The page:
Ah, Roman

Remember, this is the movie's healthy relationshipSometimes the universe just can’t help itself.

Two days ago, Marina Zenovich’s “Roman Polanski: Wanted and Desired” came out on DVD, just days after the latest flurry of activity in the exiled director’s ongoing attempt to get himself cleared to return to the United States without being thrown into jail on that whole skipping-town thing.

And today, over at the Onion AV Club, Scott Tobias confronts one of Polanski’s thorniest, weirdest pictures, “Bitter Moon“, in his latest column exploring The New Cult Canon.

Now, at first blush, I would have gone with “The Ninth Gate” as Polanski’s key cult venture, myself. (It has the robes and everything!) But despite a nicely twitchy performance from Johnny Depp and a swell supporting turn from Frank Langella, “The Ninth Gate” doesn’t stick in the mind the way “Bitter Moon” does.

Also, “Bitter Moon” has Kristin Scott-Thomas and Hugh Grant as the unsuspecting couple sucked into Peter Coyote and Emmanuelle Seigner’s twisted world, and there’s something perverse and discomfiting about seeing Grant and Scott-Thomas as a couple, despite their obvious comfort with each other (and the echoes of their non-pairing in “Four Weddings and a Funeral”).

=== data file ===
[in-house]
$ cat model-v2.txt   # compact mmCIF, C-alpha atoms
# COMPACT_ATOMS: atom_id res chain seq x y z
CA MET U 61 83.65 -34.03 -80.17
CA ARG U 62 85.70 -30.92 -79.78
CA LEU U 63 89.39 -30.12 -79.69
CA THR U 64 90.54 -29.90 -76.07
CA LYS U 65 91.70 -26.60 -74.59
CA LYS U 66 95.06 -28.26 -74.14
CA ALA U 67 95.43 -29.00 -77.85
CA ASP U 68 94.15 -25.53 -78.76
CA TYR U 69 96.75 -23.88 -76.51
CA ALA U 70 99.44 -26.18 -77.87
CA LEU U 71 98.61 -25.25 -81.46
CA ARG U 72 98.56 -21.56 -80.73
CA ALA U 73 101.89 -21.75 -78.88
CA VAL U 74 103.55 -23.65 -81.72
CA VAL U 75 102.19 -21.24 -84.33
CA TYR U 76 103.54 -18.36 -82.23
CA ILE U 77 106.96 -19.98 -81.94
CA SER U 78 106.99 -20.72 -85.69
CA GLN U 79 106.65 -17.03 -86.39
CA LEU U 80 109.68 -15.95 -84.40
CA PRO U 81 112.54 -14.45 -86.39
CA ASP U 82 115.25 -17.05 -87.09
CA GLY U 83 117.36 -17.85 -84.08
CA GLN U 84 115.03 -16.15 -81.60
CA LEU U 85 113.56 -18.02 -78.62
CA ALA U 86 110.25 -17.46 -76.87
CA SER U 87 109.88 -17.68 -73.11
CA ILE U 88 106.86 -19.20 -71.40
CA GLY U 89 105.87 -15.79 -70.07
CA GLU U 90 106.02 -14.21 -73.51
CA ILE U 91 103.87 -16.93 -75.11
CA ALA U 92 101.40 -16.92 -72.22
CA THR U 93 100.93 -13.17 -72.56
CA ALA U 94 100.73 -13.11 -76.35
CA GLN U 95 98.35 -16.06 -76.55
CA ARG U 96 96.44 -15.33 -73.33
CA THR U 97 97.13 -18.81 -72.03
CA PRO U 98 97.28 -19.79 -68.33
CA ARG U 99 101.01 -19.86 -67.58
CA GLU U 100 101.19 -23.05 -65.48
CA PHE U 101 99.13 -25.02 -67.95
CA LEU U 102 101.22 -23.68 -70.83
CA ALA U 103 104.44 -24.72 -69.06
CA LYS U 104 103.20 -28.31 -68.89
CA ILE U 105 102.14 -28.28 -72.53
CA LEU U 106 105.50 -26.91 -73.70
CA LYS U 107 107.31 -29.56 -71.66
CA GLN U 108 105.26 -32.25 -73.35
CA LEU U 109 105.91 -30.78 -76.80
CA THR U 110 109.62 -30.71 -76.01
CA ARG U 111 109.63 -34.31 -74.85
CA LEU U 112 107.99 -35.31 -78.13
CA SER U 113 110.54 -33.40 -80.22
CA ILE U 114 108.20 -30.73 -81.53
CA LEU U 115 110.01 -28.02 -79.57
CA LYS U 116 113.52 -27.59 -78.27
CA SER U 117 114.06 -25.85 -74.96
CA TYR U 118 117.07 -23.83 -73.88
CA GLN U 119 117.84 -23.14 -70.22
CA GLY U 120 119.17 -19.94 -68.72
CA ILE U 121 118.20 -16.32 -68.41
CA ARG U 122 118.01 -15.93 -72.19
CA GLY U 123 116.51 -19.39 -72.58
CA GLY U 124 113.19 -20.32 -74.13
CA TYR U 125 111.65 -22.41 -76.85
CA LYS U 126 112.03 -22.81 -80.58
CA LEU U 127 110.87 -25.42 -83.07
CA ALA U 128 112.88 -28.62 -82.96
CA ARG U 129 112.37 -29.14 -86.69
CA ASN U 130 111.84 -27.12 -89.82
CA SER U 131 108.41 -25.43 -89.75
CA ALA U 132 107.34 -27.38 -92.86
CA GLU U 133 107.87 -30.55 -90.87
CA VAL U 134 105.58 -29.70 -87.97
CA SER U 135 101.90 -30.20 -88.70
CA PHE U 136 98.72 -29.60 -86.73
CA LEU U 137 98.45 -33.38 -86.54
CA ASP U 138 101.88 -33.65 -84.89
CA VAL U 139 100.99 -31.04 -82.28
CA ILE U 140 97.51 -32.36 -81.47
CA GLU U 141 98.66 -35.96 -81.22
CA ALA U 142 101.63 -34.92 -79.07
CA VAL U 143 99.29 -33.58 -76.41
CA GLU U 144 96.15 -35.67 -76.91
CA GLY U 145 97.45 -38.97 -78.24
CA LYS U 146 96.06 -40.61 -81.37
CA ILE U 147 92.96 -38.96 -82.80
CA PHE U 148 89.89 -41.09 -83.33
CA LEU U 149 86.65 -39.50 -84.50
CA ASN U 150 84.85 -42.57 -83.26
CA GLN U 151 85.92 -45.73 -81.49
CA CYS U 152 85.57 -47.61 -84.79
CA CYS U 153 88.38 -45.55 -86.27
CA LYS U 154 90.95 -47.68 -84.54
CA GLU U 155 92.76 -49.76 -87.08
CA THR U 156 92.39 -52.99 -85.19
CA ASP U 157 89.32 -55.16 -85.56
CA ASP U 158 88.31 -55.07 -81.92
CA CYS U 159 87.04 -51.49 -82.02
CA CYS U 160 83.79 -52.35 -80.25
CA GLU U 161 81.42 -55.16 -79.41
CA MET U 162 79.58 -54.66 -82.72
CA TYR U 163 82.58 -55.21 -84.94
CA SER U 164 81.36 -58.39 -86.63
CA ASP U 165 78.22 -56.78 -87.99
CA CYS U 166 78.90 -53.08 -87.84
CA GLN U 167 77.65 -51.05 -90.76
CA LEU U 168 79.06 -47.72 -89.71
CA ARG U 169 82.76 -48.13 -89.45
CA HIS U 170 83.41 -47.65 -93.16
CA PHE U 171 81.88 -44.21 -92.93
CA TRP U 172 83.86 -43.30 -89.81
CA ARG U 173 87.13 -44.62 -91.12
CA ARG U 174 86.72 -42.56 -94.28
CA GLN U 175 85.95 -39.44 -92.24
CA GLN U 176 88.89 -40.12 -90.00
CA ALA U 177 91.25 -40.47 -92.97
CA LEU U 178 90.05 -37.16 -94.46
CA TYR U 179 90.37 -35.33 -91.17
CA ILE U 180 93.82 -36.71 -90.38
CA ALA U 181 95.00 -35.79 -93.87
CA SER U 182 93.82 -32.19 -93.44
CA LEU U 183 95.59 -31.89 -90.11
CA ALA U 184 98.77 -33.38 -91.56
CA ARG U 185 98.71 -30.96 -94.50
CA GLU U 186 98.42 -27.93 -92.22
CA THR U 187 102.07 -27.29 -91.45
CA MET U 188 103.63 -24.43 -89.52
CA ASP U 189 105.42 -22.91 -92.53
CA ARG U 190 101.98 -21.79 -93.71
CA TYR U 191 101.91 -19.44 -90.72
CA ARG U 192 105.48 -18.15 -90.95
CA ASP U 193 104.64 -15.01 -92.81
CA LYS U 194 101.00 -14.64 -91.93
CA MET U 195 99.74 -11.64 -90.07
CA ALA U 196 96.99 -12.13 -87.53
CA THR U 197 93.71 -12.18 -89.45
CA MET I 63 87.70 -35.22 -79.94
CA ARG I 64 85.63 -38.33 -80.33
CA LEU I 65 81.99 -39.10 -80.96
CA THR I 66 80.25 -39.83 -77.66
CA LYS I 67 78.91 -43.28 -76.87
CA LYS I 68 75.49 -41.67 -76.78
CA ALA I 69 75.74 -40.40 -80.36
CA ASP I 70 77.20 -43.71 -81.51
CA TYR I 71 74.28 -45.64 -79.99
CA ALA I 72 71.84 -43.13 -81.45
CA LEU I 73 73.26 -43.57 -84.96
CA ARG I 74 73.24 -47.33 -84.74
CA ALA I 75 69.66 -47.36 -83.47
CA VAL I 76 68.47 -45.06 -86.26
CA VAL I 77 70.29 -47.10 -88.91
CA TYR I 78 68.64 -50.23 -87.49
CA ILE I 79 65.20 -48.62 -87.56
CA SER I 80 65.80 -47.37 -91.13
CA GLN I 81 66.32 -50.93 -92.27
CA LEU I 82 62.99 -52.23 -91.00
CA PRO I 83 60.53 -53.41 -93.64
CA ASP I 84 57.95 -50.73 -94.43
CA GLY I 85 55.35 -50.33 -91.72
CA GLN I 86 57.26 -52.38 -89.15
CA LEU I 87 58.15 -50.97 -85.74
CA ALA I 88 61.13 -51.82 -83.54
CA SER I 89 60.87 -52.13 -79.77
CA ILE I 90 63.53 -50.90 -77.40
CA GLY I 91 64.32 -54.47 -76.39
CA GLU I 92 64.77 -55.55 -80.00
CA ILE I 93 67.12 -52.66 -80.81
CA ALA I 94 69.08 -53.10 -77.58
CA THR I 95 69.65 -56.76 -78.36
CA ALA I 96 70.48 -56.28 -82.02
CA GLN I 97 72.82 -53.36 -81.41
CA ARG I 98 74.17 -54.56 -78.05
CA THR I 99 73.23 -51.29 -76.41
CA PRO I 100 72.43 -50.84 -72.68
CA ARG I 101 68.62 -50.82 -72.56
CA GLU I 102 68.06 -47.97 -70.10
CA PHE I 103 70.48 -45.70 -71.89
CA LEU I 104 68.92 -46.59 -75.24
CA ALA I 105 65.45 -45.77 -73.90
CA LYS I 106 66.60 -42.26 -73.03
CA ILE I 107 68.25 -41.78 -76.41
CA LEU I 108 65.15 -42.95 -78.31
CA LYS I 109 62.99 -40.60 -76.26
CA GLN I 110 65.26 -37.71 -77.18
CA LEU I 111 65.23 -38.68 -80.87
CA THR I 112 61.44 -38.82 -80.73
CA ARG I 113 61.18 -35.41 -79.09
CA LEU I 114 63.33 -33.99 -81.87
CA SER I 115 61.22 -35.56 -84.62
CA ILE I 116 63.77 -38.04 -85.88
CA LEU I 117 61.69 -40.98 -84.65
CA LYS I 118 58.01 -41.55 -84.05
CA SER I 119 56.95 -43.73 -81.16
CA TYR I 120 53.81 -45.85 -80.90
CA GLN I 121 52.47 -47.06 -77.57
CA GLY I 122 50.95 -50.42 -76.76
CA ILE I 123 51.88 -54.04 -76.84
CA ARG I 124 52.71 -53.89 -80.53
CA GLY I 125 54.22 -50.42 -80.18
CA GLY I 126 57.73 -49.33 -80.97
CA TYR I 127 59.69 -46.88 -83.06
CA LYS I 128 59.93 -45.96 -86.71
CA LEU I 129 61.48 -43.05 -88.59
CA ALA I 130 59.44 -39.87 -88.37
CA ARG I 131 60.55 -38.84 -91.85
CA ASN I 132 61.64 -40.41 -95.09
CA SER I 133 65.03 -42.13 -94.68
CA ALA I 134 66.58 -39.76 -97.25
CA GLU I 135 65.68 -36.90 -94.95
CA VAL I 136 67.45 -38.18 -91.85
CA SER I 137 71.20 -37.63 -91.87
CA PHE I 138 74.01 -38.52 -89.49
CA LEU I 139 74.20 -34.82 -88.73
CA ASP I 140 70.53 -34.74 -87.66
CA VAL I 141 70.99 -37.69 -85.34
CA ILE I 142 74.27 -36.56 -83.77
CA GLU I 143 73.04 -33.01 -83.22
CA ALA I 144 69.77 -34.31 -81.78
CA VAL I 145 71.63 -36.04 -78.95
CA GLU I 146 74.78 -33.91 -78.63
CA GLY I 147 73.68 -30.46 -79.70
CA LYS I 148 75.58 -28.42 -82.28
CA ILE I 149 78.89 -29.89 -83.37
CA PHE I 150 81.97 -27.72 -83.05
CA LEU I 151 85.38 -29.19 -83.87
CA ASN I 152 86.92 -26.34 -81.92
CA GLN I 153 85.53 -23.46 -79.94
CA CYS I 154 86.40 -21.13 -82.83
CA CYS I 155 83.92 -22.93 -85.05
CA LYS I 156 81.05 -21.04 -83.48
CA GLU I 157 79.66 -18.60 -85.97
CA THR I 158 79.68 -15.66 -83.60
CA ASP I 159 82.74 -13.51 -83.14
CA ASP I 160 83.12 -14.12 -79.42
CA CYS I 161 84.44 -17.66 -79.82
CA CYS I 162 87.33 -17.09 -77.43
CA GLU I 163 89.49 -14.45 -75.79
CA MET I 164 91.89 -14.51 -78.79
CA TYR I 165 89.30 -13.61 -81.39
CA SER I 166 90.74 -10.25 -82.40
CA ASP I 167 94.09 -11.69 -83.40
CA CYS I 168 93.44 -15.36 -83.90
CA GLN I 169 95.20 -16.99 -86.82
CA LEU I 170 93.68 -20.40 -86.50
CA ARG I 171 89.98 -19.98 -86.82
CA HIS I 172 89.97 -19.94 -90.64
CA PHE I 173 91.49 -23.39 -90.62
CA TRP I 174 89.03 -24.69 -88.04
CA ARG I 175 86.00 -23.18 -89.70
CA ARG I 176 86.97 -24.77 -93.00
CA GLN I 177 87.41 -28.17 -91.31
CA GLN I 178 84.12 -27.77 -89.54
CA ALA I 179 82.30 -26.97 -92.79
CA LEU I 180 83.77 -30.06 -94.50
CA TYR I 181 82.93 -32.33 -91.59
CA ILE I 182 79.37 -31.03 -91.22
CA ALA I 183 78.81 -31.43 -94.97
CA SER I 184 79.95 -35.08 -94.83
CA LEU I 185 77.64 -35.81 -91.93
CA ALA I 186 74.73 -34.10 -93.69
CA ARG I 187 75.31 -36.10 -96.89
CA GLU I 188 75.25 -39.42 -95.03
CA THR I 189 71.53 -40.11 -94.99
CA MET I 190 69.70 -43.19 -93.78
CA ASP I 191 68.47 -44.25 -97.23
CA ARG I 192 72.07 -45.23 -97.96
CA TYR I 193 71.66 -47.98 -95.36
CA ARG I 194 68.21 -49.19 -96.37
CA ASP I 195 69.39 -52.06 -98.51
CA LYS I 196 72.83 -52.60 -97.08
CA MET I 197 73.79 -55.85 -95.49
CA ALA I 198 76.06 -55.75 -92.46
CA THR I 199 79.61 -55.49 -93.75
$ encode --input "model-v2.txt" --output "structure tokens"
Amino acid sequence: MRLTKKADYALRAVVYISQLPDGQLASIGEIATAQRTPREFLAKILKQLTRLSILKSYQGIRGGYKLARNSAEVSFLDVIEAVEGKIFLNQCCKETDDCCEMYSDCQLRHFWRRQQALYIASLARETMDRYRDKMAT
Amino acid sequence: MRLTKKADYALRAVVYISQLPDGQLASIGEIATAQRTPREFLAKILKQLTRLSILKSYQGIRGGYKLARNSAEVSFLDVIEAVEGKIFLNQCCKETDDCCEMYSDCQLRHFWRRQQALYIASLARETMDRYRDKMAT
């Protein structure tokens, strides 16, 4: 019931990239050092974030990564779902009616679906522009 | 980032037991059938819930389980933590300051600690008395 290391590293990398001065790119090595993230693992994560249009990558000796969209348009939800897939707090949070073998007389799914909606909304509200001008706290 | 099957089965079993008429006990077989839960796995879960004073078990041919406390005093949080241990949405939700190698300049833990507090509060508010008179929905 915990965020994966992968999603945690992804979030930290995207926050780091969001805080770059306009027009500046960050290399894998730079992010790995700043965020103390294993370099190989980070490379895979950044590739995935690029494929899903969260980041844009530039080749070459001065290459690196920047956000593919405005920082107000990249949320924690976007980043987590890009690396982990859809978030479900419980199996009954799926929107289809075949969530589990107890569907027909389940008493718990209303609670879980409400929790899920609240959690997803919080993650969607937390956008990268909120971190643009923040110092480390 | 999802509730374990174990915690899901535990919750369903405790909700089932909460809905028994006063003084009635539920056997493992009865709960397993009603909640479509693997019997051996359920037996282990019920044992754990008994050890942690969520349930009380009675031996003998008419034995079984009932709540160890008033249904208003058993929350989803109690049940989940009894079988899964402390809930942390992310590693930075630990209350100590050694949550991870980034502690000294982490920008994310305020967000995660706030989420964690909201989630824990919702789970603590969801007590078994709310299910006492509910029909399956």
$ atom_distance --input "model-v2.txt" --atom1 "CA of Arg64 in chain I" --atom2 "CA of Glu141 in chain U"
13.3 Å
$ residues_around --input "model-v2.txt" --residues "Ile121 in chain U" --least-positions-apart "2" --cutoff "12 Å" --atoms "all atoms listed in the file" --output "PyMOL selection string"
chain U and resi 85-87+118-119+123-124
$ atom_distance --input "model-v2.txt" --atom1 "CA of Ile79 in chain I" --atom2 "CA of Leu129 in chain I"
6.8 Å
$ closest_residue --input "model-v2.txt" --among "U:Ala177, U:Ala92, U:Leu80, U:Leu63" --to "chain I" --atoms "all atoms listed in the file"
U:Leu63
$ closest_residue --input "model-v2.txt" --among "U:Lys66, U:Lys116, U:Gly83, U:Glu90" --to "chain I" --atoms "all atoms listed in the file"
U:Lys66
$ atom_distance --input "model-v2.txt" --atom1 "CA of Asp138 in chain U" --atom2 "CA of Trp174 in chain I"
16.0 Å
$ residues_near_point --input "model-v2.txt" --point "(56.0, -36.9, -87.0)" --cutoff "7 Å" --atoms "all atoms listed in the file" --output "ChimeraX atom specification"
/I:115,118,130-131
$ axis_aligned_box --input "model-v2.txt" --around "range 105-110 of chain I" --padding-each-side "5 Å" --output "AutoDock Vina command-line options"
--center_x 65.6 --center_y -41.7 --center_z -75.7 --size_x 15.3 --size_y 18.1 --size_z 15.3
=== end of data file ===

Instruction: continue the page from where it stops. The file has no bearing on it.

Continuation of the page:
Also also, the movie is deeply weird. Like, weirder than you remember. Even if you’ve just seen it recently.

So, you know, if you find yourself snowed in this weekend … well, why not revisit the freaks? Not every movie has to be “The Pianist”, y’know.

5 thoughts on “Ah, Roman”

  1. I know for a fact that I saw Bitter Moon during its theatrical release, but I’ll be damned if I can remember ANYTHING about it. I’m really quite surprised to hear that Hugh Grant and Kristin Scott-Thomas were in it, because I don’t remember that at all. Weird…

  2. I saw Bitter Moon on release on a peculiarity: a cinematic showing in St. Catharines, of all places.

    It really didn’t hit me until a week or two later. I was married at the time. A colleague in a similar situation to mine saw it at my request – I revealed nothing – and it had the same effect on her.

    Just like when I dispatched her to what I think is Scorsese’s greatest film, his adaptation of “Age of Innocence”. There’s a scene in which Newland Archer realizes how all his problems can be solved. I didn’t tell my colleague about it, but it was the first thing she said to me the same day.

    I left my marriage that year. She’s still hard at it… tempestuously, at times, but committed.

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